BY SHARON MARTIN
I’m still trying to wrap my mind around why anyone would vote for a man who filed repeatedly for bankruptcy because “we need a good businessman in the White House.” Let’s grab a dictionary and look up the definition of bankruptcy.
Do you understand the moral bankruptcy of cheating contractors, of taking your cut off the top and letting investors carry the losses?
A news story last week said legislators’ expenses were going up, so their salaries were being increased. How many of these same legislators have voted against the minimum wage increase? Do you agree with their assessment that raising minimum wage would hurt businesses, but working two jobs and still living below the poverty line is OK for the little guy?
Maybe you don’t understand cause and effect. How often do the wealthy amass their fortunes alone, without staff, sales people, and an army of workers? Is it OK for workers to be paid less than what they need to get by? Even Henry Ford understood that his workers should be able to afford one of the cars they built for him and his company.
Comprehension is a skill that’s improved by asking questions and thinking things through.
How many of the president’s supporters have even read The Art of the Deal? Do they still appreciate the deals he’s making with China [and Mexico and Canada], deals that are costing American farmers billions? Does it make sense that American taxpayers have to pony up to keep farmers afloat because of the president’s deal making? And does it make sense that many farmers still support this deal-making president?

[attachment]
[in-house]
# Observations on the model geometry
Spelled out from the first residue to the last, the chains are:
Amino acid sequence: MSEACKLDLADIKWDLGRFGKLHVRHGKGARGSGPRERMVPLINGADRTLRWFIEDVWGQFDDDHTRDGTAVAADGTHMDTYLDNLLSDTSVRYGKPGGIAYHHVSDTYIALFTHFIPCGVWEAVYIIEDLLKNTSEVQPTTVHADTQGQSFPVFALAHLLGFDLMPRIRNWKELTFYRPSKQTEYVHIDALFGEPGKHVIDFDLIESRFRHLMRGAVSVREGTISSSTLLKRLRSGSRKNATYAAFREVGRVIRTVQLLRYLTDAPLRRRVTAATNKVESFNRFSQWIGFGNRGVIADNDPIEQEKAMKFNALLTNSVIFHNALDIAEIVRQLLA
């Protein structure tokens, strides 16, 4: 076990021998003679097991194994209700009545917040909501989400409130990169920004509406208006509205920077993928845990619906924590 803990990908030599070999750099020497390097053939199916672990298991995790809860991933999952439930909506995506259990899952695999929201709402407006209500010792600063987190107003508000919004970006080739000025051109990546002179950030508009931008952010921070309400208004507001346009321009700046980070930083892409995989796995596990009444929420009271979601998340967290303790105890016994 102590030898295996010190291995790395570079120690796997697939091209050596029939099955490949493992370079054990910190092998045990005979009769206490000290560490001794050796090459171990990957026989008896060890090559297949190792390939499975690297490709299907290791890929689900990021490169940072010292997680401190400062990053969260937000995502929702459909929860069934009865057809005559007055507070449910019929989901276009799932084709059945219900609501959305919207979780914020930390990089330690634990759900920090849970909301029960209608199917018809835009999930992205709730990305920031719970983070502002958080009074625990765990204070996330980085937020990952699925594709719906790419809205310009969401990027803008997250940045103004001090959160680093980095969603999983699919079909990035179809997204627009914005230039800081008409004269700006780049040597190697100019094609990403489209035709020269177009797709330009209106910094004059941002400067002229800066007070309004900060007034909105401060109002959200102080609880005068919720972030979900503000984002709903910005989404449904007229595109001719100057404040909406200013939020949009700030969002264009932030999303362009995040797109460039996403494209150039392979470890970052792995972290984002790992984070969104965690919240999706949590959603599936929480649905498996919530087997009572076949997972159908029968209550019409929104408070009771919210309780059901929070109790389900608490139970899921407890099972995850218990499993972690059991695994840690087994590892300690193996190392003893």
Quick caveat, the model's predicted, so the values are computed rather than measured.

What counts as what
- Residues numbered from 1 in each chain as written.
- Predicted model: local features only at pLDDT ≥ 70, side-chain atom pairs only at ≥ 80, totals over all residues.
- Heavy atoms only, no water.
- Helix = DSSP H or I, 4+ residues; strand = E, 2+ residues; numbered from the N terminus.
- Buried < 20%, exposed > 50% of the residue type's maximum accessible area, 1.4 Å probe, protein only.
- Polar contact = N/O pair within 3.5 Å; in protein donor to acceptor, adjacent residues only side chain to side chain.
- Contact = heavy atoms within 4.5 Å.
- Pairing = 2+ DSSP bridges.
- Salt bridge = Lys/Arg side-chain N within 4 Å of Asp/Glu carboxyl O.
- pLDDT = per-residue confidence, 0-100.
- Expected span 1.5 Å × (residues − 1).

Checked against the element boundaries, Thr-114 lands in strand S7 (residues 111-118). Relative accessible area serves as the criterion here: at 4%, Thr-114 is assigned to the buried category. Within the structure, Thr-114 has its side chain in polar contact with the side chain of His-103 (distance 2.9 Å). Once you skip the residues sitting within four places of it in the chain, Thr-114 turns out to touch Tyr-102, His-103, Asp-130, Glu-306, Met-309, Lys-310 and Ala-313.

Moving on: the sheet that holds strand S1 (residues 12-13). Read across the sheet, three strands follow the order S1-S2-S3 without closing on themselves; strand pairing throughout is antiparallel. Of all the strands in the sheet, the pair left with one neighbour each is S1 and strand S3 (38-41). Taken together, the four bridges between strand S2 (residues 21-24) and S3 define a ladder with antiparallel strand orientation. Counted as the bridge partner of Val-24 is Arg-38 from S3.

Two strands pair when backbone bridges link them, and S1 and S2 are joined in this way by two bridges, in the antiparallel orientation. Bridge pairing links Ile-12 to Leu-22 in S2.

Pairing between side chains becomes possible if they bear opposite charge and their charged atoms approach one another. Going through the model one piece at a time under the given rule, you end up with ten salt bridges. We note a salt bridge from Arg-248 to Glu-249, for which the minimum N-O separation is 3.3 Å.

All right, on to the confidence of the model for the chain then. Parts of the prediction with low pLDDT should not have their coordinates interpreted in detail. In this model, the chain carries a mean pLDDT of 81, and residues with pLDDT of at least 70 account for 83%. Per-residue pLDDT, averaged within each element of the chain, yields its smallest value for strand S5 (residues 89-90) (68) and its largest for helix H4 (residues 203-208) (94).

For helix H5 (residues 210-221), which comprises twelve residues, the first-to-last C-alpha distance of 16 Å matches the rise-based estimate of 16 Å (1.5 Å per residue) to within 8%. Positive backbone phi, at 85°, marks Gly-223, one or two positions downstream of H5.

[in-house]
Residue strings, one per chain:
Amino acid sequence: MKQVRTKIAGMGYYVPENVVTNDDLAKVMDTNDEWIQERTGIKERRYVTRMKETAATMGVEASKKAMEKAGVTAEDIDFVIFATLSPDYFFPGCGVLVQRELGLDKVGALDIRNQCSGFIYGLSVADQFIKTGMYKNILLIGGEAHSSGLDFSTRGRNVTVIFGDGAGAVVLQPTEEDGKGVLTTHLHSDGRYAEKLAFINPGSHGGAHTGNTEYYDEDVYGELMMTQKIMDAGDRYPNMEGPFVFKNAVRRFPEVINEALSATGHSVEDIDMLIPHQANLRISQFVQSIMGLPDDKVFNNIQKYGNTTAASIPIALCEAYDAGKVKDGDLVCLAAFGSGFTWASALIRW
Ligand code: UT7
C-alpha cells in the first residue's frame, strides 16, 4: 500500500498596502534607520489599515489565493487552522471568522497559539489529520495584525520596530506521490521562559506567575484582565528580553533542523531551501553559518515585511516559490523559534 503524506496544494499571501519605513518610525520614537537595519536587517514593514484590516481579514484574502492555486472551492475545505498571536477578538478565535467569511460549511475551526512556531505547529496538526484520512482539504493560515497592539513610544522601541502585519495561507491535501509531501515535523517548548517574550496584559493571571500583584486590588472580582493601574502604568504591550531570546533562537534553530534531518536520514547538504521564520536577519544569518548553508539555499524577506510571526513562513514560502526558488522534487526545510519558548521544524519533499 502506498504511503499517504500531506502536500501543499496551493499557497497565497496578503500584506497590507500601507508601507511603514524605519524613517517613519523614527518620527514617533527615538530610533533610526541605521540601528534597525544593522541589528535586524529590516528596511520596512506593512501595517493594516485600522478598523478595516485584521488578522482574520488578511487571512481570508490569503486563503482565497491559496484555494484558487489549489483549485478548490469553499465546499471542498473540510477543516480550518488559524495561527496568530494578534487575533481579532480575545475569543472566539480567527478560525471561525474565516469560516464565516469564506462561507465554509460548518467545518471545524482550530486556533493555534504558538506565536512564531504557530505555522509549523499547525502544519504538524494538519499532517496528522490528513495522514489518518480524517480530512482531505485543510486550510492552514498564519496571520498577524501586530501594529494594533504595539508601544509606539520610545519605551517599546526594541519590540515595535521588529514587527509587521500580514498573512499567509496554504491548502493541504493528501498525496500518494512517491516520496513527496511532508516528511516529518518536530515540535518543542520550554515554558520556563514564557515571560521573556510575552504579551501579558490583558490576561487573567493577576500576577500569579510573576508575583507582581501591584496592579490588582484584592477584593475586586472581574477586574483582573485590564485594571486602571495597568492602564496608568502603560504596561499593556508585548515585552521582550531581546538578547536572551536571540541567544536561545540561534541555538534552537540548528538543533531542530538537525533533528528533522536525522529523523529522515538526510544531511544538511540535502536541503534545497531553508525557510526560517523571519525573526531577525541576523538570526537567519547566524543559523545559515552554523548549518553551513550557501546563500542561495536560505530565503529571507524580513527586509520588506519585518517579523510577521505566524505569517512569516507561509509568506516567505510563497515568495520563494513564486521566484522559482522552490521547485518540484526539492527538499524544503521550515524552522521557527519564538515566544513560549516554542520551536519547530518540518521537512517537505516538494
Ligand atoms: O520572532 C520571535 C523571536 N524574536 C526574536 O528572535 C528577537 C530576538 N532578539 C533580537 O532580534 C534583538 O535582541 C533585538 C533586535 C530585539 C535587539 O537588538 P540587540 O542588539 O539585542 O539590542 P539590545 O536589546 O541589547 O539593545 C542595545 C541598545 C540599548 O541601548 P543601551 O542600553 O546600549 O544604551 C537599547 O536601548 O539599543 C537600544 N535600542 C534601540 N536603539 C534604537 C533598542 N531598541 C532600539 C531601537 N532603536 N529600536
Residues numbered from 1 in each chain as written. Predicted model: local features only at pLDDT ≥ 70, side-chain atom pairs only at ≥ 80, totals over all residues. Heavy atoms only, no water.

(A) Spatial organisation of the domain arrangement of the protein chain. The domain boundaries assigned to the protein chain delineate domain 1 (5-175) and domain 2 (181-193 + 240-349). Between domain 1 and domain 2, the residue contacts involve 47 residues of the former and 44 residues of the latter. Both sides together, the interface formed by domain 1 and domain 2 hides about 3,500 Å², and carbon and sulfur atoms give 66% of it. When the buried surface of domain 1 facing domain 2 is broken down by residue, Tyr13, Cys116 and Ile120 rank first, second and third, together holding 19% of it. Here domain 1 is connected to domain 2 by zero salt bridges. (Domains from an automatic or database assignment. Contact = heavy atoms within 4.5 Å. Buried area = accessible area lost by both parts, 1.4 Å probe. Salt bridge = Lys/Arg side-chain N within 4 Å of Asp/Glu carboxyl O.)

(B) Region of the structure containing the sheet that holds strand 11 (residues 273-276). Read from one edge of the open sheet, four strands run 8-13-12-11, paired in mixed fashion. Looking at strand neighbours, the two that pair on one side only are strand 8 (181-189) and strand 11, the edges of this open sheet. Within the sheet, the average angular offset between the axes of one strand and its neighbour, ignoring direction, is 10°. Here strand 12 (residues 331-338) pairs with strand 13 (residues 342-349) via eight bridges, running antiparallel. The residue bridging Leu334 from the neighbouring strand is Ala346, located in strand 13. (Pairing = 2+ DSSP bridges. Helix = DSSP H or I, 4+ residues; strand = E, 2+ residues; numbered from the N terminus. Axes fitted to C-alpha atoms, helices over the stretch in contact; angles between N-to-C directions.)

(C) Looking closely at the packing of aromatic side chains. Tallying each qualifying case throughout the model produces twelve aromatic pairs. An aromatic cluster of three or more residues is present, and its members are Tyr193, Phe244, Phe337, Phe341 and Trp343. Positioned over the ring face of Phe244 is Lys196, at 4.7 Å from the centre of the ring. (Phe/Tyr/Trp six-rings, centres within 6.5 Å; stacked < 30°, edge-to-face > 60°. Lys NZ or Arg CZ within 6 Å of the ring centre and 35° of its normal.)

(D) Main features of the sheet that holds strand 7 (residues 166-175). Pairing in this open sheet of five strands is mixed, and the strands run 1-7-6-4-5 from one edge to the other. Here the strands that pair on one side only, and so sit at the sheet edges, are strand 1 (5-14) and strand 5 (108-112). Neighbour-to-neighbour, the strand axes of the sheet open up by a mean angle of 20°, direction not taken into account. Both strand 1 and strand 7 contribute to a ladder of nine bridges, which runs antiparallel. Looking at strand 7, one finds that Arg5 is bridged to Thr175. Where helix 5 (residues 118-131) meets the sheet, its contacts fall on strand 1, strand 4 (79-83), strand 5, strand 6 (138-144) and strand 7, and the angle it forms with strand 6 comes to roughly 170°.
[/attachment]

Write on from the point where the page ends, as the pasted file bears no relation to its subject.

This is not liberal fiscal policy versus conservative fiscal policy, it’s about making sense. It doesn’t make sense to spend billions to keep the people who are willing to work in our fields and in our houses out. It doesn’t make sense to manufacture a crisis at the border by not hiring enough immigration judges to handle the influx. It doesn’t make sense to ignore why people are making the dangerous trek to our border.
It doesn’t make sense to slap tariffs on goods that increase the cost of those goods, especially if you’re not going to raise the minimum wage so workers can pay the increased cost.
Maybe universities aren’t hotbeds of liberal thinking at all. Maybe they are hotbeds of comprehension and common sense. Maybe those who think the president is on the right track need to go back to school, or at least start asking questions and thinking things through.
– Sharon Martin lives in Oilton, OK and is a regular contributor to The Oklahoma Observer. Her latest book, Not A Prodigal, is available through Barnes and Noble. Her recent children’s book, Froggy Bottom Blues, can be purchased in hardcover or paperback from Doodle and Peck Publishingand in paperback from Amazon.